For gaming projects, there are different details to focus on and these must be determined before the developers begin programming. A Game Design Document is necessary for describing the game play and the mechanics behind some of the simulations. Often this requires the technical lead and game designer to work together.

For both gaming and applications, the creative team delivers initial design concepts and wireframes to be augmented later in the design phase. The creative team also works closely with the client in regards to the user experience.

Ultimately, the Discovery Phase ensures both parties are aligned before any, more extensive, design or development begins in later phases.

What is delivered at the end of a Discovery Phase?
At the end of the Discovery Phase, the three important documents delivered to a client are:
• High Level Technical Overview
• Technical Requirements Specification
Software Requirements Specification

In the case of a gaming project, the typical document would be:
Game Design Document

In the case of both gaming and application projects, the following design related material is provided:
• Design Concepts
Wireframes

Upon completion of the Discovery phase, Infrared5 has enough information to provide more accurate estimates and timelines for completion.Each of these documents are important and we suggest searching online in order to further your understanding of their purposes. This article illustrates what steps are taken and what is delivered at the end of our Discover and Planning Phase.

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Android Graphics and Animation: Part I

June 27th, 2011 by Keith Peters

This is the start of a series of tutorials on graphics and animation on the Android platform. There is plenty of information out there on how to create general form-based, controls-and-layout type of Android apps, but very little on how to do more creative drawing and animation. So this series will cover the following topics:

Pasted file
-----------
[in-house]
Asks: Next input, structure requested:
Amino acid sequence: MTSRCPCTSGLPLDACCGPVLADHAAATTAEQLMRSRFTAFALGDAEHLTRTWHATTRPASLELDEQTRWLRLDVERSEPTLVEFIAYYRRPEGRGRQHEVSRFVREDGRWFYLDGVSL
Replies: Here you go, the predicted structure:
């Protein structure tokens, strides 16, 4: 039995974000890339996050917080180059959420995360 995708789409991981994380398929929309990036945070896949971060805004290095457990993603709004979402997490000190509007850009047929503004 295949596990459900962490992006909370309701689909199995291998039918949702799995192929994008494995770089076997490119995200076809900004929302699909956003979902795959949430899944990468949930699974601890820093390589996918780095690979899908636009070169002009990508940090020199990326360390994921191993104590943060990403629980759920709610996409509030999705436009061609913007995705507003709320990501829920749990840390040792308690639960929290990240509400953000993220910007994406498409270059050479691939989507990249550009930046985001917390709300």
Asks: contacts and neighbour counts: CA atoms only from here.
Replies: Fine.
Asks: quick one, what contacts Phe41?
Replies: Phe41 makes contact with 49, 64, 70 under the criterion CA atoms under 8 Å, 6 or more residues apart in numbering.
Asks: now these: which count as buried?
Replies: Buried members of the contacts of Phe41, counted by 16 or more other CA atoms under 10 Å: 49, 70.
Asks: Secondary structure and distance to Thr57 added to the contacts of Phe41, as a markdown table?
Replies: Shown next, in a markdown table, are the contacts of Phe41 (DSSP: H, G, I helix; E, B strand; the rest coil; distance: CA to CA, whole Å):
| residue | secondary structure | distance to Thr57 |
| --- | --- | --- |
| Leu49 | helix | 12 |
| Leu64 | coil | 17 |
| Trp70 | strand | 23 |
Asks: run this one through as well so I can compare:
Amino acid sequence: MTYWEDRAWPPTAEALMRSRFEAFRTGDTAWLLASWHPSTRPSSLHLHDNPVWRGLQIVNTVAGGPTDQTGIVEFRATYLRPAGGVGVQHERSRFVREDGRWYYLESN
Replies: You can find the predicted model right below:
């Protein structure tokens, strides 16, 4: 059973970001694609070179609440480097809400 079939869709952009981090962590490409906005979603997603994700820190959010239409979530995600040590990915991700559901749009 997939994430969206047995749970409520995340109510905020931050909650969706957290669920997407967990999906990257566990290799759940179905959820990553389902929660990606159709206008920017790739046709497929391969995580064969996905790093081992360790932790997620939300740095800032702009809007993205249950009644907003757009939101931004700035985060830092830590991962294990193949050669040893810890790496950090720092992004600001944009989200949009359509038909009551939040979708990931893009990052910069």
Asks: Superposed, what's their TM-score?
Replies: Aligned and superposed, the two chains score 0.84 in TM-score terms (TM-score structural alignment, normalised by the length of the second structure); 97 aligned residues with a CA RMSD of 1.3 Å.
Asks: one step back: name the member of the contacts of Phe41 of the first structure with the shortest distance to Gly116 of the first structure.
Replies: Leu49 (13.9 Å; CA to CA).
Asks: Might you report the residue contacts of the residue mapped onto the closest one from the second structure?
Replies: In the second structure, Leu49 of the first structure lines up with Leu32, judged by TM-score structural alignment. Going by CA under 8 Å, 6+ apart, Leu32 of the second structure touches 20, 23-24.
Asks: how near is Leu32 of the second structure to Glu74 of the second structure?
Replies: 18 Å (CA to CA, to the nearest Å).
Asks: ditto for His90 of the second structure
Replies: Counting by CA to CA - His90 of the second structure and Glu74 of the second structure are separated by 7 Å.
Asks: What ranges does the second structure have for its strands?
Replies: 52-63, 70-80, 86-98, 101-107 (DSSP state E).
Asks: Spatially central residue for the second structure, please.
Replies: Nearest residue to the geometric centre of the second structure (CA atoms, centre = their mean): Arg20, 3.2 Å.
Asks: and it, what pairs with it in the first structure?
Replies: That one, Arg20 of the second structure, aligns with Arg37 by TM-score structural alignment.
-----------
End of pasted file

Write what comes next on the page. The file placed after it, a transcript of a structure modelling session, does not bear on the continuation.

1. Android graphics.
2. Android animation.
3. Android input: Accelerometer.
4. Android input: Touch.

Today we’ll get started with simple graphics. There are actually a few different ways to draw graphics on the screen in Android.

First, there is the Canvas class, which gives you a nice basic drawing API to create lines, circles, rectangles, fills, strokes, deal with bitmaps, etc.

Then there’s OpenGL. If you’re going to do 3D or just need more raw graphics and animation power, you’ll probably want to use OpenGL, or more likely use one of the various 3rd party libraries that make it a bit easier to use.

And then there is something called RenderScript, which was introduced in Android 3.0 (which, at the time of this writing is supported by only a few devices).

For this set of articles, we’ll be using the simplest and most widely available option, Canvas.

Setting up an Android coding environment

Of course, before we can even get started, you’ll need to have an Android coding environment set up and a connected Android device. You could use the Android simulator, and you should use it for testing different device resolutions and capabilities, but in general day-to-day dev, you’ll probably find it faster and easier to deploy and test on a device.

I’m not going to go into very deep detail about this, only because Google has covered it in far more depth than I ever could. So I’ll just point you to the right place.

http://developer.android.com/index.html

Here you’ll find links to the SDK, Developer’s Guide, References, Resources, Videos, and a blog. Within all that, you’ll find step by step instructions on how to set up your environment. But in a nutshell, you’ll need to:
1. Install Eclipse (or another editor of your choice, but this tutorial will assume you’re using Eclipse).
2. Download the Android SDK. This is just a folder of files and tools used in developing Android apps.
3. Install the ADT Plugin, Android Development Tools. This is an Eclipse plugin that will set up your Eclipse install to build Android apps.
4. Add Android platforms and components.